Industrial Design (ID) students Sara Burch ’16 and Tiffany Do ’17 created innovative drone designs that led them to the final round of General Motors’ (GM) annual Interactive Design Competition in Warren, Mich.
Full-time students from throughout the US and Canada applied to the competition by submitting preliminary designs throughout September and early October, after which semi-finalists were chosen. Finalists worked with GM mentors to fine-tune their design submissions by November 17. All finalists had the opportunity to video call with judges and talk them through their design before final decisions were made.
Burch and Do both designed drones, but each had a very different purpose. Burch’s speleological drone was designed to assist in locating, exploring, surveying and illuminating the subterranean environment. “The concept of my design was inspired by adventure,” said Burch.
Burch crafted her drone with an emphasis on personification, “I wanted to create something that looked anthropomorphized, more like a companion as opposed to mere utility,” said Burch.
Do focused her design on finding a futuristic solution to the disappearance of natural pollinators, “It was inspired by the unknown phenomenon that afflicts honeybees each year; colony collapse disorder and pesticide use has become detrimental to the bee population,” said Do.
Her design involved a drone system that pollinates crops, “It was modeled after a hummingbird because of their superior ability to visit hundreds of flowers every day,” added Do.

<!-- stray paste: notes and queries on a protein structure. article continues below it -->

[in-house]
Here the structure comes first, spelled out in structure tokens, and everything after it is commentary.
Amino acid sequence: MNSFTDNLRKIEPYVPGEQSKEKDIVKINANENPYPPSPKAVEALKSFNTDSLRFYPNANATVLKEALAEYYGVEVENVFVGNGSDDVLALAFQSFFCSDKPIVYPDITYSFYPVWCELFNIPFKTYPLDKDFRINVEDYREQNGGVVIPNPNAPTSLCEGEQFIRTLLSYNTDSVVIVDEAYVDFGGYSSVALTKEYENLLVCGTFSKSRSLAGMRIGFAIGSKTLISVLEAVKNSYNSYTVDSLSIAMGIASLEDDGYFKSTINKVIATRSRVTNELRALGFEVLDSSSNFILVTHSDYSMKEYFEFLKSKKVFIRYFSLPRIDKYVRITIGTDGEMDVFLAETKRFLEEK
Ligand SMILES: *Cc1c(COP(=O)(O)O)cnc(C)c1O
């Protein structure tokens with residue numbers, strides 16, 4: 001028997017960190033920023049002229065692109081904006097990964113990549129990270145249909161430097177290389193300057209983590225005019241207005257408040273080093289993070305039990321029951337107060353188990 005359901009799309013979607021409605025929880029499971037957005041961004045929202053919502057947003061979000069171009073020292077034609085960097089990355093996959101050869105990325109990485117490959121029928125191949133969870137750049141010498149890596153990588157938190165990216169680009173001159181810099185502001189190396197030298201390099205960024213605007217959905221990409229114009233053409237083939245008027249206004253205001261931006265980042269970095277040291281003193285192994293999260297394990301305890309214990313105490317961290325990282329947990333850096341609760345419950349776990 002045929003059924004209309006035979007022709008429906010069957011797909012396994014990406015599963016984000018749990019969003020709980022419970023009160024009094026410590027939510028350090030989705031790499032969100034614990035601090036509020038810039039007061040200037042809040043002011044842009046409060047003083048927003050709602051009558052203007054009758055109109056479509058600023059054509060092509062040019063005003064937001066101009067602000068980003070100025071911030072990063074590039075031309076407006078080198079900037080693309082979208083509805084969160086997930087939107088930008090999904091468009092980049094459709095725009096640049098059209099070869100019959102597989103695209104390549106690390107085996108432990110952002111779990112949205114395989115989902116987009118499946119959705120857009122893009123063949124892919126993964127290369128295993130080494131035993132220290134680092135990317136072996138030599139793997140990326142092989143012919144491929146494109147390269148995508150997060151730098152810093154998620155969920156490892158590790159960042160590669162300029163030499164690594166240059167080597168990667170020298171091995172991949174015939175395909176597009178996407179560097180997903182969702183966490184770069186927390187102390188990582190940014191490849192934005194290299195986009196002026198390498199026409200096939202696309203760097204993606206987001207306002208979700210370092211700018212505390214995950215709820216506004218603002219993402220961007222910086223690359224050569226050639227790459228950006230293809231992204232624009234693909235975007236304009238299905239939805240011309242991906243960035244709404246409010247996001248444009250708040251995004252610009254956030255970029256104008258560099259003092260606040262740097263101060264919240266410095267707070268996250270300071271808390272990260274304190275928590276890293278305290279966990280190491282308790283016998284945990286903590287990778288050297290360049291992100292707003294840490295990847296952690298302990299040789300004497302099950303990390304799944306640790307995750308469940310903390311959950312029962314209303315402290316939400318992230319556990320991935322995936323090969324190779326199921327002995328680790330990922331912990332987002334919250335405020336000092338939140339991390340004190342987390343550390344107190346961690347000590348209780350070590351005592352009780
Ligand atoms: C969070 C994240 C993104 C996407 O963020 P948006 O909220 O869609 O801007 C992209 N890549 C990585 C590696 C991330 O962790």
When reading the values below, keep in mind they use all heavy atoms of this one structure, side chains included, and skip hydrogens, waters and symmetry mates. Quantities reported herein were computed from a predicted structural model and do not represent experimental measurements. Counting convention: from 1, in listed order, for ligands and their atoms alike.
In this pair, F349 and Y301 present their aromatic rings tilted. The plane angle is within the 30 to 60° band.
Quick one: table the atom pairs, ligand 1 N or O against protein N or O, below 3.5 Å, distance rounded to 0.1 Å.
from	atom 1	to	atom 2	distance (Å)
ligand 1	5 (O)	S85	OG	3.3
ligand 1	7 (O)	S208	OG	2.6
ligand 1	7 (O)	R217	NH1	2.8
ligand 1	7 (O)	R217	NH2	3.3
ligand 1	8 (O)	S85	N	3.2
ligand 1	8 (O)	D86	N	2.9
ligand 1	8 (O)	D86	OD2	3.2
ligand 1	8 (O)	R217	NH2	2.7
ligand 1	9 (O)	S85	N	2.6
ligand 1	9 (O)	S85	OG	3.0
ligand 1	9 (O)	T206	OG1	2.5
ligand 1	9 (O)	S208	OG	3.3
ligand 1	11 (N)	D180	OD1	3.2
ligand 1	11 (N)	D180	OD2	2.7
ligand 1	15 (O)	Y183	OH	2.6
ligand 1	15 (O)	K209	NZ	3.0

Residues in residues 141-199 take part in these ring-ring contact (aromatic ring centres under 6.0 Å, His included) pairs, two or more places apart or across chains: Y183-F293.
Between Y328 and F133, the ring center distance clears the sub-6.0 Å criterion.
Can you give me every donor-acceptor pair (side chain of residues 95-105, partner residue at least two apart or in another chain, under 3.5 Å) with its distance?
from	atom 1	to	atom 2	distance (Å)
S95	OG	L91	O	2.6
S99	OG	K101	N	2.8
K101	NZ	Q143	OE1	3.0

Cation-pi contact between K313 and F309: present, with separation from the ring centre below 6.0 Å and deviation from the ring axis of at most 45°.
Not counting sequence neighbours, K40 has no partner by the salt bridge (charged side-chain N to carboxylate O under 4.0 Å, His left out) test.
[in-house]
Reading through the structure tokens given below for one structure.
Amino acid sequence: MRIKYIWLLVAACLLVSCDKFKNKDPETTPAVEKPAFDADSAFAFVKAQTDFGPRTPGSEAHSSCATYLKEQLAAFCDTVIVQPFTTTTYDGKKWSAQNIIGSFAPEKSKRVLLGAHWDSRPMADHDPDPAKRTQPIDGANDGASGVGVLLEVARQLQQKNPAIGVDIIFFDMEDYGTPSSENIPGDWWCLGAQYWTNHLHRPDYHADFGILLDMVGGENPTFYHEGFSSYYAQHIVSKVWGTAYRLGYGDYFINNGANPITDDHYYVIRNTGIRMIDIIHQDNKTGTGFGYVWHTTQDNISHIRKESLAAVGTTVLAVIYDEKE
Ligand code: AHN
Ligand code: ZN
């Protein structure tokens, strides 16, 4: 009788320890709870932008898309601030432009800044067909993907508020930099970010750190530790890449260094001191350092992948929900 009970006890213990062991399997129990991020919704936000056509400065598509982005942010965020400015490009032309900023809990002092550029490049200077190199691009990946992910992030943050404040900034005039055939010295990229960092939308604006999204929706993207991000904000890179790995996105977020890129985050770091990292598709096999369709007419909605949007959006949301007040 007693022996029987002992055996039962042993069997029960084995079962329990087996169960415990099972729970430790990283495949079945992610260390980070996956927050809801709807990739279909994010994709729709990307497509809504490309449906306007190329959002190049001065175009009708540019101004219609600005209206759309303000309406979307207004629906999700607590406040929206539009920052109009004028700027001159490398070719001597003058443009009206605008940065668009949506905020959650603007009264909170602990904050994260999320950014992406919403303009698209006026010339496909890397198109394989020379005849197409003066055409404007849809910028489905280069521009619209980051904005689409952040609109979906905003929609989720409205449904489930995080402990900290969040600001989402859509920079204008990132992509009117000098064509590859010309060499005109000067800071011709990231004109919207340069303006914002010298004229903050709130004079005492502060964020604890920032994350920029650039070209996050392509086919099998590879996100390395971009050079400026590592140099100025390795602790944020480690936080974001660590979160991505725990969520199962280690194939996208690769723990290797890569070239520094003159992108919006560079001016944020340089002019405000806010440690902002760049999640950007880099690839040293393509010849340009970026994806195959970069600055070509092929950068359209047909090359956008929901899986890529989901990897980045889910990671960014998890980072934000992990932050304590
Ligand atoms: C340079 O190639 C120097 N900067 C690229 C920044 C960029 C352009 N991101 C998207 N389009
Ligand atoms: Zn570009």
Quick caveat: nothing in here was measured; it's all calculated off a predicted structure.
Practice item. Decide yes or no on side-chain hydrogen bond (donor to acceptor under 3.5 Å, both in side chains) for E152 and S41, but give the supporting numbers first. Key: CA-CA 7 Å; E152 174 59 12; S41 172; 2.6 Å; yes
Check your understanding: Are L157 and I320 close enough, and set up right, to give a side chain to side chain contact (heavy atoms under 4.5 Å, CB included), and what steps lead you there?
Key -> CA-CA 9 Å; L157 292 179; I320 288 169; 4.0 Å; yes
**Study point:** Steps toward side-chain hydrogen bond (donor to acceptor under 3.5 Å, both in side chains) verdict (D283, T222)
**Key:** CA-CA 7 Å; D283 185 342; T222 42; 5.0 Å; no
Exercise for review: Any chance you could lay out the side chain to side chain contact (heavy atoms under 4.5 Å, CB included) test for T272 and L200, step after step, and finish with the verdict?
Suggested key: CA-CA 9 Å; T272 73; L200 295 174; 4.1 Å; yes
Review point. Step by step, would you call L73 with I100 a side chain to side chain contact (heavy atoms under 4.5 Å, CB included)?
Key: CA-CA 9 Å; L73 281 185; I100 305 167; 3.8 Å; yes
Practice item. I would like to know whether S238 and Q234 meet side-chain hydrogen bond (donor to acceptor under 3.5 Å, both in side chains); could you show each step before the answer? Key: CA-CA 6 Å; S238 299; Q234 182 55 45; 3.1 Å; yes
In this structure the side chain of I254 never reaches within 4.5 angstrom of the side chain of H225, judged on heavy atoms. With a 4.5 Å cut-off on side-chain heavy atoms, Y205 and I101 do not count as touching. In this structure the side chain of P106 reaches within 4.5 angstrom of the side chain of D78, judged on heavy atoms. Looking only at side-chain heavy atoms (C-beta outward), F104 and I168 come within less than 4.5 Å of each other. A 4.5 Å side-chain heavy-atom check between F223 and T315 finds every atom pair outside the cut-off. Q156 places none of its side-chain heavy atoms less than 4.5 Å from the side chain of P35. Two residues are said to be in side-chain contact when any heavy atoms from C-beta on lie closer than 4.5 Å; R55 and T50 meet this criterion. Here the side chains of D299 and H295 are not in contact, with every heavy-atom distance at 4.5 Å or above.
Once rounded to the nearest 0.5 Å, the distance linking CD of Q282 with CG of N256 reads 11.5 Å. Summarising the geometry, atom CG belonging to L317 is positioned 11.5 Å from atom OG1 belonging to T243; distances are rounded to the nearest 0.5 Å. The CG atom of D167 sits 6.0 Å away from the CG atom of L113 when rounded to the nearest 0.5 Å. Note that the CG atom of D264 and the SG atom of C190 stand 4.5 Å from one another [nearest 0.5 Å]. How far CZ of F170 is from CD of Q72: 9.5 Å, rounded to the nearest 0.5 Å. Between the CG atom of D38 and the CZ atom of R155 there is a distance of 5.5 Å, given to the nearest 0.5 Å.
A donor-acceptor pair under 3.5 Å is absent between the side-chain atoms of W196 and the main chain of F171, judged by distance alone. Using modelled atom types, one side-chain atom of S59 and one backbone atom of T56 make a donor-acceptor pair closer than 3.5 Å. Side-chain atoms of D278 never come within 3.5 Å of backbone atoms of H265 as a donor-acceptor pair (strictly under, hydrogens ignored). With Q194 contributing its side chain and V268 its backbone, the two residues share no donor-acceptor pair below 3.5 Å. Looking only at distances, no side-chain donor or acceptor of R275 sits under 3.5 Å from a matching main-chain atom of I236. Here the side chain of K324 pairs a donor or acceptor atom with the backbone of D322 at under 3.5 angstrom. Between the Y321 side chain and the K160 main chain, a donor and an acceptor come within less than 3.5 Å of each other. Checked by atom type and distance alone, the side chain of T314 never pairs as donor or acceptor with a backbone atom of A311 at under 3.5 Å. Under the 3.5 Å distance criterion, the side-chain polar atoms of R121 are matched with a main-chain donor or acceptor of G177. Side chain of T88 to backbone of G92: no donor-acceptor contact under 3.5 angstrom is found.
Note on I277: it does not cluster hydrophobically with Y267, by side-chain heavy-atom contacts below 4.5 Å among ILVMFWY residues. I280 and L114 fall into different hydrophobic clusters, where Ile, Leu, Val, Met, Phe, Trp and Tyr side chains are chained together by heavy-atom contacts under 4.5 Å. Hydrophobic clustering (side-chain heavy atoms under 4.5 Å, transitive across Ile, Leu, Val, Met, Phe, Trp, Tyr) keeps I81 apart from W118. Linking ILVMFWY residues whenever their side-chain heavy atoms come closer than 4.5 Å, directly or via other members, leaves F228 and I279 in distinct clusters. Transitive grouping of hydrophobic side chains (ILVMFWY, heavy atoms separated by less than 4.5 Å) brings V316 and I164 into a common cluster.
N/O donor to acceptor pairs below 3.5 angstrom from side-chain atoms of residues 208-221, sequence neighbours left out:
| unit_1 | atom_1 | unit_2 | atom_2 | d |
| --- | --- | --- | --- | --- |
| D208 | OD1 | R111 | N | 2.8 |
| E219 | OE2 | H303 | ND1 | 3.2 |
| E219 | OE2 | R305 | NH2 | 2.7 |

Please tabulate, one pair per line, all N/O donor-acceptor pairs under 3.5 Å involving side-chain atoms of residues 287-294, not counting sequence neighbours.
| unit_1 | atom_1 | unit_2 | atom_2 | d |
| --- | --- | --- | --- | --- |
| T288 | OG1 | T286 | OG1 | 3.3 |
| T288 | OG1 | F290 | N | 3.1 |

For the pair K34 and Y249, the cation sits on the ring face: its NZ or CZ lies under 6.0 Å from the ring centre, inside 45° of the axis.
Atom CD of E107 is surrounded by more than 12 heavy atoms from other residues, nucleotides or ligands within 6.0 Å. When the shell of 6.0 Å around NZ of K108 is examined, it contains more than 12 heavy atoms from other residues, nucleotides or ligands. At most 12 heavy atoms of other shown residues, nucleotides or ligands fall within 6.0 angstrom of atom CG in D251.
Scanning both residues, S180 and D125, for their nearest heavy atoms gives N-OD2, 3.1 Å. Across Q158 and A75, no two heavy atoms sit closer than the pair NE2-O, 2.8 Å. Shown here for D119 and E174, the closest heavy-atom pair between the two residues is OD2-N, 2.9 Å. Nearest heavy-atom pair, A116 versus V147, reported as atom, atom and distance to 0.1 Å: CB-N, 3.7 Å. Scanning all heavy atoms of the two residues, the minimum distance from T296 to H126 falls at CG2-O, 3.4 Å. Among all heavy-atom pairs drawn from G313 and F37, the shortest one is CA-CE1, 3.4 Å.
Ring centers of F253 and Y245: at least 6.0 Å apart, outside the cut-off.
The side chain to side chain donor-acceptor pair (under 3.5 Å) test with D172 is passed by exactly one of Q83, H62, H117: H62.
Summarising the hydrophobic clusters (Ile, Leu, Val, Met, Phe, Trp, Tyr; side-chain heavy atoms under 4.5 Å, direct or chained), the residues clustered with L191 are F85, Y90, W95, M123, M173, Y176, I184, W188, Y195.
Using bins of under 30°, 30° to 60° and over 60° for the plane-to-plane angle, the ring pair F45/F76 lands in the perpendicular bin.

As finalists, both designers received full day passes to the second day of the North American International Auto Show (NAIAS), which included the awards ceremony.
Both students credit MIAD’s ID program with providing them with the skills necessary to make it this far, “MIAD’s ID program helped me prepare for the experience every step of the way. We had in-depth critiques after every brainstorming session, we even had a person from Marquette University fly a drone for us to better understand how they functioned,” said Do.
“The drone process was a whirlwind of vast conception and exploration with emphasis on thinking about the possible and impossible,” said Burch. She found the early part of the sketch process to be instrumental, with GM mentors remarking that MIAD students were quite skilled in this area.
“If there’s one thing MIAD’s fantastic ID program has taught me, it’s to generate infinite ideas,” said Burch.
For more information about MIAD’s ID program, click here.